Project Details

 The study region: Chocó

Chocó is one of the poorest departments in Colombia, and faces pressing social, environmental and economic issues. In 2015, 66% of the population was living/lived in poverty, up from 63% in 2013. Electricity access in Chocó is among the lowest in the country: 20% of households lack access, and 30% have partial access. Access to modern energy services is crucial for social and economic development, and renewable energy can improve livelihoods and income.

Choco Study Region


Project Aim

  • The Institutional Collaboration aimed to build new capacity at the Technological University of Chocó, particularly the Centre for Renewable Energy in Andagoya, in order to guarantee the development of sustainable energy in rural and fishing communities, provide additional academic training, promote its long-term financial stability, and future regional expansion.
  • The project aimed to achieve these goals through knowledge transfer, design of business and strategic plans, generation and analysis of primary data, revision of policy and government programmes, multiple methods, modelling, social and economic approaches, and exchange and training of students.


Fishing and Rural Communities in the Pacific Coast

The collaboration worked with rural and fishing communities in the municipalities of Bahía Solano and San Juan. It supported and strengthened the design and effectiveness of renewable energy (RE) projects, ensuring positive impacts on livelihoods. This additional RE generation capacity improved the quantity and reliability of electricity supply providing for household, community and productive uses. This lead to:

  • Direct benefits to hundreds of local residents in specific communities via the provision of solar, micro-hydro, wind, biomass and a mini-grid energy systems
  • Provision of refrigeration, lighting in schools, and battery charging services for fishing communities leading to reduction of food waste, enhanced supply chains and access to healthcare

The research collaboration focused on energy at the micro, i.e., community level in Chocó, for productive and community uses. Situated within the regional and national context, the collaboration also examined the opportunities for replication to other Departments in the Pacific area, and regions in Colombia facing similar challenges.

In order to ensure the collaboration’s longevity, we anticipated a focus on further evaluation of the outcomes and impacts on a few RE pilot and new projects in Chocó, in particular on community needs such as education, health and refrigeration through identification of further sources of funding during the project period.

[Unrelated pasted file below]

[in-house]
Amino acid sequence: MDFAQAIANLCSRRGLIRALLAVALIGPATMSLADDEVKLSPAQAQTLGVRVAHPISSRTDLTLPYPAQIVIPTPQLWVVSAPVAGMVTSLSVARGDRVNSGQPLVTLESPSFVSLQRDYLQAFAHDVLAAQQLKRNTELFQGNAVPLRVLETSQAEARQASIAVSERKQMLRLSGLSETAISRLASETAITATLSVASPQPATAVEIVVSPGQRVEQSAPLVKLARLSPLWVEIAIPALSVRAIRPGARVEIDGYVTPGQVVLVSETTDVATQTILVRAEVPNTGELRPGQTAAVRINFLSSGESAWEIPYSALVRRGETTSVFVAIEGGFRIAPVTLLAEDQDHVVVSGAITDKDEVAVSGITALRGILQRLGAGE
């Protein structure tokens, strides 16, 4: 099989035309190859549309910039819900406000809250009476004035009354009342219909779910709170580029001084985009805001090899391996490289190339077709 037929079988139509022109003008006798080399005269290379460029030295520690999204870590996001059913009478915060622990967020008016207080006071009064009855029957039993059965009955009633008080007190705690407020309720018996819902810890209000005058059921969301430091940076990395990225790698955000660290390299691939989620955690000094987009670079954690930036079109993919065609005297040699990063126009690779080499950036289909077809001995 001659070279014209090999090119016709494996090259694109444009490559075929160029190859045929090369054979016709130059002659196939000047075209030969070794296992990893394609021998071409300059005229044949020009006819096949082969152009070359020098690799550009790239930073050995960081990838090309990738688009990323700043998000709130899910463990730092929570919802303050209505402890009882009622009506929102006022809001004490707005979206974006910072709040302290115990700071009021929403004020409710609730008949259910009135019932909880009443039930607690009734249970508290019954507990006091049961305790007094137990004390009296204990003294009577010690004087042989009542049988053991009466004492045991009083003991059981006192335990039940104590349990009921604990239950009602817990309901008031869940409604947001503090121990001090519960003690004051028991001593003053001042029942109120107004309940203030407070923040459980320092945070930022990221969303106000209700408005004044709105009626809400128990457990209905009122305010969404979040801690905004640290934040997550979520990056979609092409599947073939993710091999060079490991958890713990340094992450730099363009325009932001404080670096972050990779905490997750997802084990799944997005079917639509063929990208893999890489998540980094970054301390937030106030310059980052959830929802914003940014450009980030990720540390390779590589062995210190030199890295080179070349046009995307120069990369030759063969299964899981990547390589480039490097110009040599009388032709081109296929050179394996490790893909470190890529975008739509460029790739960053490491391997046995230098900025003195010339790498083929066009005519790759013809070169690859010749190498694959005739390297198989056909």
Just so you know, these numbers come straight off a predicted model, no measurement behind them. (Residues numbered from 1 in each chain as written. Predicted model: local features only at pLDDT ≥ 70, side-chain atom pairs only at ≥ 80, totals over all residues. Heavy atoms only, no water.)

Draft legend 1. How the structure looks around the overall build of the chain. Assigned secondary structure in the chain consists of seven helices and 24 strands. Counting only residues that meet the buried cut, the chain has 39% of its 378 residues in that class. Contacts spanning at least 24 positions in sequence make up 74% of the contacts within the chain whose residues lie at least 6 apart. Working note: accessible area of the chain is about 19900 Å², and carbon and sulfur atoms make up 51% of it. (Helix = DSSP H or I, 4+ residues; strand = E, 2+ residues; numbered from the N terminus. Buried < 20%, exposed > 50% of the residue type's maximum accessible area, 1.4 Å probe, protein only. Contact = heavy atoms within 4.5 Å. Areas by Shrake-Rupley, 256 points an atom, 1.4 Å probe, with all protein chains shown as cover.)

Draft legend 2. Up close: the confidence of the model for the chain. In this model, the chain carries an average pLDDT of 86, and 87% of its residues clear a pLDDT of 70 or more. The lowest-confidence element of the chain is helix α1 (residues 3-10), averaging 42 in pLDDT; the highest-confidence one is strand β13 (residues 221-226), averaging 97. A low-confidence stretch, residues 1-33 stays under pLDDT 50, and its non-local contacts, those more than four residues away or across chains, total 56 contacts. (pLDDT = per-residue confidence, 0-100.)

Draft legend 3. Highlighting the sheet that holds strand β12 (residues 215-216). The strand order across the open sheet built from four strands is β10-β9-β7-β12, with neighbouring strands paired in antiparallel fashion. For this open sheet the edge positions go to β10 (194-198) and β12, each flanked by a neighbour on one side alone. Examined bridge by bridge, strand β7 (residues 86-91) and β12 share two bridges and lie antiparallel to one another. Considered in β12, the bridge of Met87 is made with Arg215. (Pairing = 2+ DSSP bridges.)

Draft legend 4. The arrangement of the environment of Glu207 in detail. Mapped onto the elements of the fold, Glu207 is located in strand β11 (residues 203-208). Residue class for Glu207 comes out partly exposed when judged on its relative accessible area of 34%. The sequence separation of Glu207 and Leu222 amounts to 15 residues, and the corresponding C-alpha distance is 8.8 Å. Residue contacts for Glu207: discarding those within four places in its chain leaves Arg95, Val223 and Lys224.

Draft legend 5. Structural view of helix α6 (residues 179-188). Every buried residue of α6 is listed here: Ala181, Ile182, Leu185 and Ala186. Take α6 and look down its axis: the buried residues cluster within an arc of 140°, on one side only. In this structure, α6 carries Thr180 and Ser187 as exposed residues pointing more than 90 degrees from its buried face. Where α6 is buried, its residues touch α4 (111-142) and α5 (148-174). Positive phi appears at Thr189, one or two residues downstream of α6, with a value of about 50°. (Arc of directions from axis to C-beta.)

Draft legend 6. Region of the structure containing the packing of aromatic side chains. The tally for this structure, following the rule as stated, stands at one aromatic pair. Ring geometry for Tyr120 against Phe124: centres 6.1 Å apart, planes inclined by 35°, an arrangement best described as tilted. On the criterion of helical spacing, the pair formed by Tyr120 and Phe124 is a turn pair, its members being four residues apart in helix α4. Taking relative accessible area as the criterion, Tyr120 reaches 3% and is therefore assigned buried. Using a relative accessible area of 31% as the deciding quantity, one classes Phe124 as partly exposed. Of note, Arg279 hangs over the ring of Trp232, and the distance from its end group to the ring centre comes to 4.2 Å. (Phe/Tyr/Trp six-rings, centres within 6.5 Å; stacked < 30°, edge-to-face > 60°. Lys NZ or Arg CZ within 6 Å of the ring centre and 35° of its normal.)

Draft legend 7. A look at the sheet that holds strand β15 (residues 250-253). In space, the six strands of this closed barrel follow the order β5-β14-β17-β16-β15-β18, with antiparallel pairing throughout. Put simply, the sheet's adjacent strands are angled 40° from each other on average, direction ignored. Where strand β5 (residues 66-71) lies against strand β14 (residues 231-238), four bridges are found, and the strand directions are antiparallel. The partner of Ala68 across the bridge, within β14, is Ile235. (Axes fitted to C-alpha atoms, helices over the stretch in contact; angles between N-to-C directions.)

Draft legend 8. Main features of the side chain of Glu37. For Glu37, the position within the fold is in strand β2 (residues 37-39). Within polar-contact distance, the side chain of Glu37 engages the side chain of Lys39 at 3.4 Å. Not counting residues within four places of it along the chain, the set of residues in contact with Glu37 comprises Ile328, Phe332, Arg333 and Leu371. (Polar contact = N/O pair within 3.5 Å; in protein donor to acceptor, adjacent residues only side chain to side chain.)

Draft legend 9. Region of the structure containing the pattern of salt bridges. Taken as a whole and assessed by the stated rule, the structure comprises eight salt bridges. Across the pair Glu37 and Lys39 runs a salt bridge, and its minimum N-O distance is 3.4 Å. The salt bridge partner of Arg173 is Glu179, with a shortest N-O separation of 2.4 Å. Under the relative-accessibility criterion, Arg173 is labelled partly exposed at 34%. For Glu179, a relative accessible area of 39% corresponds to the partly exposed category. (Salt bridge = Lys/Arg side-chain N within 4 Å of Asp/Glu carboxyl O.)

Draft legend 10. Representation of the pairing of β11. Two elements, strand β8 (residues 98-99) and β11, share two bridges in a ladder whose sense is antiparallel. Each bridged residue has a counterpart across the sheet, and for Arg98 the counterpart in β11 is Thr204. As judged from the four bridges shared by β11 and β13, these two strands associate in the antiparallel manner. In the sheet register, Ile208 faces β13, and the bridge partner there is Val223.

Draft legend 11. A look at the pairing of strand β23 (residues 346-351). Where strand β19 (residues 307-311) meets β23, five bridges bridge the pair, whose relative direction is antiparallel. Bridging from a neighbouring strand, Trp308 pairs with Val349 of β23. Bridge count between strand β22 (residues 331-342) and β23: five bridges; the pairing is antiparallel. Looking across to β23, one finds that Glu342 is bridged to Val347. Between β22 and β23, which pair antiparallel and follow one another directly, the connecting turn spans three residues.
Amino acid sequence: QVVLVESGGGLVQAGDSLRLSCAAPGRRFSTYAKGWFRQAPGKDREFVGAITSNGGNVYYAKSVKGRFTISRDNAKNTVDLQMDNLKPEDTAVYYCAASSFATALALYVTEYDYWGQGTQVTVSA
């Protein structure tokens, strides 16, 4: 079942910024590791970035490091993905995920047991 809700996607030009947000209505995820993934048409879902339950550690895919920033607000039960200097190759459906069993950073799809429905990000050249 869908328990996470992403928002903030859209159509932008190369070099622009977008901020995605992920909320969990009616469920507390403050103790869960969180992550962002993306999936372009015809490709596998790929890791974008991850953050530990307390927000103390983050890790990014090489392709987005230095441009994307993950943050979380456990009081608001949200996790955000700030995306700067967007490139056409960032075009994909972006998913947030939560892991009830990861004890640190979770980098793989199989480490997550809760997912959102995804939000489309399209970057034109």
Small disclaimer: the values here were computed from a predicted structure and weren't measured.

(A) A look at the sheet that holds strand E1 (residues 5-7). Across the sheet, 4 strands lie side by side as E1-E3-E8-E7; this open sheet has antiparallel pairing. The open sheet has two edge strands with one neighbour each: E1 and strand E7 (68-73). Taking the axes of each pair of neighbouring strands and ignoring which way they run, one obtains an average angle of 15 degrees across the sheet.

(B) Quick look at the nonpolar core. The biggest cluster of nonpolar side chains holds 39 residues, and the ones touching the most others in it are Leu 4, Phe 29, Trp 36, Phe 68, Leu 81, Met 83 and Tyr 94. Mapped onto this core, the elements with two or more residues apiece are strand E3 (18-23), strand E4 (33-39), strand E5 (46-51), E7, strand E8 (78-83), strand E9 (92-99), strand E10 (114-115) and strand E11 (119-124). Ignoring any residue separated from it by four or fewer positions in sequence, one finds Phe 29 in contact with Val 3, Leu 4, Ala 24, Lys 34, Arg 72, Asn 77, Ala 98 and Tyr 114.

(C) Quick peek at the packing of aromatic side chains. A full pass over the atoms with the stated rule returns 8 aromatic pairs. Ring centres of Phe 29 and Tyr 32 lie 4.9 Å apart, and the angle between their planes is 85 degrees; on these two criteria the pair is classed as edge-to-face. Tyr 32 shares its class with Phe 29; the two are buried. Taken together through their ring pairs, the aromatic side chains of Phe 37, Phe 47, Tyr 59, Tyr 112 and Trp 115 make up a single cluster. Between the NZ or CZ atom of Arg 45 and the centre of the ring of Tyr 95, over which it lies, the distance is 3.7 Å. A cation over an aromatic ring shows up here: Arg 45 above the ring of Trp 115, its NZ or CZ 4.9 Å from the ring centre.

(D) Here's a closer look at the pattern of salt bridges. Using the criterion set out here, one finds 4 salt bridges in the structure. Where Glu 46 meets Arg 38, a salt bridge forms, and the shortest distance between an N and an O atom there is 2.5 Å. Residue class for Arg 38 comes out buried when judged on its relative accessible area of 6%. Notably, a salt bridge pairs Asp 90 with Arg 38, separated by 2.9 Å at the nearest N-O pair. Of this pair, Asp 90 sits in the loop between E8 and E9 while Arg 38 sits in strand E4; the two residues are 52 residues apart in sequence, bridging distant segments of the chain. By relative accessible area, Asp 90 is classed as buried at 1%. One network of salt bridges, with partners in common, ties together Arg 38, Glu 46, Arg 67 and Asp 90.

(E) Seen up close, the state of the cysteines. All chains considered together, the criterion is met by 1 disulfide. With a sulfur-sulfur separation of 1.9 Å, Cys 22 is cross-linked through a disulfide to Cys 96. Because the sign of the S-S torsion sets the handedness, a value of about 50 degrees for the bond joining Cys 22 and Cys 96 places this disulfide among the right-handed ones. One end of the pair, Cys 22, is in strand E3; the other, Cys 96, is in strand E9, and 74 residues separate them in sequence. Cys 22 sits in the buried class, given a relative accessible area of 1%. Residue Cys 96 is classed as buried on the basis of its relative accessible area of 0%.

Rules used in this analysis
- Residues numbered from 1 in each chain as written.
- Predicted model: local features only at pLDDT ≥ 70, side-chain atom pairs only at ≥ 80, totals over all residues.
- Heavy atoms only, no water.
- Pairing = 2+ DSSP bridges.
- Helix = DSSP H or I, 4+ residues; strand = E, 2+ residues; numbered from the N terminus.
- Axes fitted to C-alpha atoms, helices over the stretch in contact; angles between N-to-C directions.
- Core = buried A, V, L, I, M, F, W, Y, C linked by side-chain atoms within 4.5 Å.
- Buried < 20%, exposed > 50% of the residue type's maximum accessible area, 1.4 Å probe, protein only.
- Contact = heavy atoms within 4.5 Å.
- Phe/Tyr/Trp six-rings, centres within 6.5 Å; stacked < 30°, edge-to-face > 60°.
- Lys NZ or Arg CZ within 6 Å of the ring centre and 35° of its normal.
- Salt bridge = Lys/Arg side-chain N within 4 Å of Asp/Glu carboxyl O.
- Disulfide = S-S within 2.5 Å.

The researcher and student exchanges also helped to consolidate working relationships amongst the project partners; future efforts will focus on continuing with new postgraduate and researcher exchanges between UK and Colombian partners.

Further information

This project also investigates how successful Colombia’s Renewable Energy Law 1715 has been in encouraging the development of renewable energy technologies, both on and off the grid. Law 1715’s framework was announced in May 2014. The timing of the Law coincides with favourable conditions for the deployment of renewable energy devices however and so despite its minimalist incentives it is expected that Colombia will see an increase in renewable penetration in the grid areas.
This legal framework offers instruments for the promotion and use of non-conventional energy sources, as well as promotion of investment, research and development in clean technologies. 

Research methods and modelling are part of the mutual transfer of knowledge which this project aims to achieve. This area has been addressed at the Training Workshop held in November 2016 and will continue throughout the duration of the project.

Research and analytical capacity of the team in Colombia will be enhanced in different ways through modelling training and application focussing on LEAP, system dynamics, optimization, and SURE-DSS models. 

The collaboration builds on existing links with government – at multiple levels – to ensure the outputs feed into future policy development. Municipal governments and national policy makers are interested in the development of Chocó, and funds have been allocated to promote development in the region. Colombia has seen a reduction in the percentage of the population living in poverty (from 47% in 2011 to 29% in 2015), due to economic growth and the 2011 Poverty Reduction Strategy. However, around 1.5 million people in Colombia lack access to electricity, and many more have only limited access, and yet the Poverty Reduction Strategy does not take into account access to modern energy services. The project aims to achieve the sustainability of increasing energy to poor regions to improve people livelihoods.